CHEYENNE – It has been a very busy two weeks. I spent last week on vacation playing golf with a group of friends in Mesquite, Nevada and St. George, Utah. I have not played much over the past couple of years, and it felt great to get out and swing the sticks. Both communities have become destination vacation spots with great golf venues and other fun things to do. I had a blast and am ready to get back to work.
We have a very active development community in Cheyenne these days. I met with one of the most active to discuss the good and the things we need to work on. We lamented the cost of housing development. They are working on a project that had targets of $250,000 price points. With the increasing costs, it cannot be done for less than $290,000. He shared that if the Board of Public Utilities (BOPU) and the South Side Water and Sewer District would work together, we could make some projects much more affordable. I appreciated his suggestions on how the city can improve, and we will be discussing his ideas.
I attended a Joint Appropriation Committee meeting to testify on the Fire A retirement fund that is going bankrupt. Cheyenne has 79 firefighters in this retirement fund, and I am working to make sure we honor our promise to fund their retirements. The good news is the committee has agreed to sponsor a bill to save the fund. The bad news is it will cost Cheyenne $6.5 million dollars over the next 20 years. The truth is we do not have a choice, we owe it to the retirees.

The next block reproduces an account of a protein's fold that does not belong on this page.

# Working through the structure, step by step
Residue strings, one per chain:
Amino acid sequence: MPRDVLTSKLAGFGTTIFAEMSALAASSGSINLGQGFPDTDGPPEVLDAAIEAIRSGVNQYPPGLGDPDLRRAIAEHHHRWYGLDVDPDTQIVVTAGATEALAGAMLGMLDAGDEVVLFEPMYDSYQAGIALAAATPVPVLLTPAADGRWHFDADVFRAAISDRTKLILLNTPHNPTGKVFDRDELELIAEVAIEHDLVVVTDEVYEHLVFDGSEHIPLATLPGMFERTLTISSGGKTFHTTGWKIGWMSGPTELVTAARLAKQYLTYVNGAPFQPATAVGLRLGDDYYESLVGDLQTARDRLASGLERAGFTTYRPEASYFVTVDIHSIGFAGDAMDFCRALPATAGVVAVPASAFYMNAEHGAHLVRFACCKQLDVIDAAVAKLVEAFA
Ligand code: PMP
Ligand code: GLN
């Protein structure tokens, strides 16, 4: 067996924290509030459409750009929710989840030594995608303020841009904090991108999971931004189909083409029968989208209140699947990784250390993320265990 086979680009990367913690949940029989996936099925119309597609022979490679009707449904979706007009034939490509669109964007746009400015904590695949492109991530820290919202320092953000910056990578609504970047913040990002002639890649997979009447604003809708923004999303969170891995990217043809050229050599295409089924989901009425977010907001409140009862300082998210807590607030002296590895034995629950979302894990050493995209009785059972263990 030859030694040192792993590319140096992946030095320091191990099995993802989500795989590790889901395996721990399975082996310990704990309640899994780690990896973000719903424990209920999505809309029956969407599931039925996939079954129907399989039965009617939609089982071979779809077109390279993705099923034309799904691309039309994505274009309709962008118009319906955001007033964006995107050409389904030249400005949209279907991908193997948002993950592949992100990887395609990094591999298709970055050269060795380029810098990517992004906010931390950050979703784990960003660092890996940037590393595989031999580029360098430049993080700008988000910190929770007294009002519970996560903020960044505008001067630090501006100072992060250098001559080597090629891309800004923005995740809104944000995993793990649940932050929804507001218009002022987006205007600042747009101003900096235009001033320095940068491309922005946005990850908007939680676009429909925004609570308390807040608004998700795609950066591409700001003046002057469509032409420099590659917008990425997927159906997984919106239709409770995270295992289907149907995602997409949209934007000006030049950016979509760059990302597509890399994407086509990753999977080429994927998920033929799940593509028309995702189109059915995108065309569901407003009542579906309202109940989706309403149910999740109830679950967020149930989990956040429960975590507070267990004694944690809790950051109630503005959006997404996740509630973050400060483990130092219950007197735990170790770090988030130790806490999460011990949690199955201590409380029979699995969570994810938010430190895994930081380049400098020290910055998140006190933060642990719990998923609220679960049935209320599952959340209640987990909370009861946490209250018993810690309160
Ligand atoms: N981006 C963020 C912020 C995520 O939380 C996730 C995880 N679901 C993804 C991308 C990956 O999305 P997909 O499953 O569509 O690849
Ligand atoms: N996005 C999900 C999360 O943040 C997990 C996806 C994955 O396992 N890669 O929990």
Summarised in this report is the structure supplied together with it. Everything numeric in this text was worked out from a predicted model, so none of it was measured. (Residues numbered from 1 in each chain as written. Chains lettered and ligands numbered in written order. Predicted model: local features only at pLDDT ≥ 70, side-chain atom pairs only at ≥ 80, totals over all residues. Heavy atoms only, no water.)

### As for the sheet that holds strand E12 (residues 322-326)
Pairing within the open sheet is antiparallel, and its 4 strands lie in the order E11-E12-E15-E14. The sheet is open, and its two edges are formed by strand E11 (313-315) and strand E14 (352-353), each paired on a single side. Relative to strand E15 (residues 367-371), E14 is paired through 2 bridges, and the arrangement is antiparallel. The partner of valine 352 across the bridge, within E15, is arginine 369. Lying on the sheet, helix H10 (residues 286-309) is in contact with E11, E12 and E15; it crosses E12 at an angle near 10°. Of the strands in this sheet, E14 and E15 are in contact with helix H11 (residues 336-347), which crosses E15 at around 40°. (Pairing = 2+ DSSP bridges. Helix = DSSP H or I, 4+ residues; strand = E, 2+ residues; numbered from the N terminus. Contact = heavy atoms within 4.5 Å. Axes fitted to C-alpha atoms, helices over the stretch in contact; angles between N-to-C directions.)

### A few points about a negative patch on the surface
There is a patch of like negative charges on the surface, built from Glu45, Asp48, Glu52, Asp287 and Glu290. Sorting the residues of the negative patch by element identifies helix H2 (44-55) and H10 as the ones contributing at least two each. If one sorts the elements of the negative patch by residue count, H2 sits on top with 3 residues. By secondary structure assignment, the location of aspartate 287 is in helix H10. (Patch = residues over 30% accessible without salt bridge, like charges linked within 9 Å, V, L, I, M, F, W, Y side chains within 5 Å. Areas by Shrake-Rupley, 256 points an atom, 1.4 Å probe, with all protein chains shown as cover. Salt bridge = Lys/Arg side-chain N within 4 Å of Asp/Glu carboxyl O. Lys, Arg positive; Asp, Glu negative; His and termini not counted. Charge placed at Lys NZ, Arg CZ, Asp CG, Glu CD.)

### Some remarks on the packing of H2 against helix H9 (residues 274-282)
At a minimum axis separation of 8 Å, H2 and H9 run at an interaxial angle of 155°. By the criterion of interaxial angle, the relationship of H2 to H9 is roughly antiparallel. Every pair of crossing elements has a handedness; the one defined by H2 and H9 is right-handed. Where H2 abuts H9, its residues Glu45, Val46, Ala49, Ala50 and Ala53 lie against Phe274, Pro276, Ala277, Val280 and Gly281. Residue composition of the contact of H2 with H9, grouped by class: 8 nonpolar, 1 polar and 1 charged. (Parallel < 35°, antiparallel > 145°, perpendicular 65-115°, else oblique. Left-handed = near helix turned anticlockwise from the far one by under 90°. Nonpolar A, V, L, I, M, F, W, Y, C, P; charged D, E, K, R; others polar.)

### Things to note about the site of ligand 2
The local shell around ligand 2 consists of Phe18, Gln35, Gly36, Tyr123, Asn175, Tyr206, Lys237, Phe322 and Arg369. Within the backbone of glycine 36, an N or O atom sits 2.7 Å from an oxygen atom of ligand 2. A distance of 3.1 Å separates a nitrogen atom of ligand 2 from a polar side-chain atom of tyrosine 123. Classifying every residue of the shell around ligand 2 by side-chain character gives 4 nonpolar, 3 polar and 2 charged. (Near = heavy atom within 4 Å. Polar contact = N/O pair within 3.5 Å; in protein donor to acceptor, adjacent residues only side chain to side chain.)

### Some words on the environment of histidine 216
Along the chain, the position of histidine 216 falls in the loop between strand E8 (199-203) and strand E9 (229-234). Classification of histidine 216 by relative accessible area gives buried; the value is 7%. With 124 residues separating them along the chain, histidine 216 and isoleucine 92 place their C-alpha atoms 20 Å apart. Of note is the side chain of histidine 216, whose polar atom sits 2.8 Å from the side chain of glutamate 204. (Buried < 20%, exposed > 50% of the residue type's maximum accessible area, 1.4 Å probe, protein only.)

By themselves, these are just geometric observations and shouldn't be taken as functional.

Dr. Farr contacted me about naming a triangle park for the late Bill Dubois. As part of the recently passed naming policy, one needs to collect signatures as part of the process. In this case, the number of signatures is 300. On Monday, the Farr’s gave me a petition package with 600 signatures. I will be presenting the petition to the city council at our next meeting, and they will decide on the naming of the park. The triangle is across the street from the Dubois Addition made up of seven homes designed by Bill’s father. Seems like the perfect location.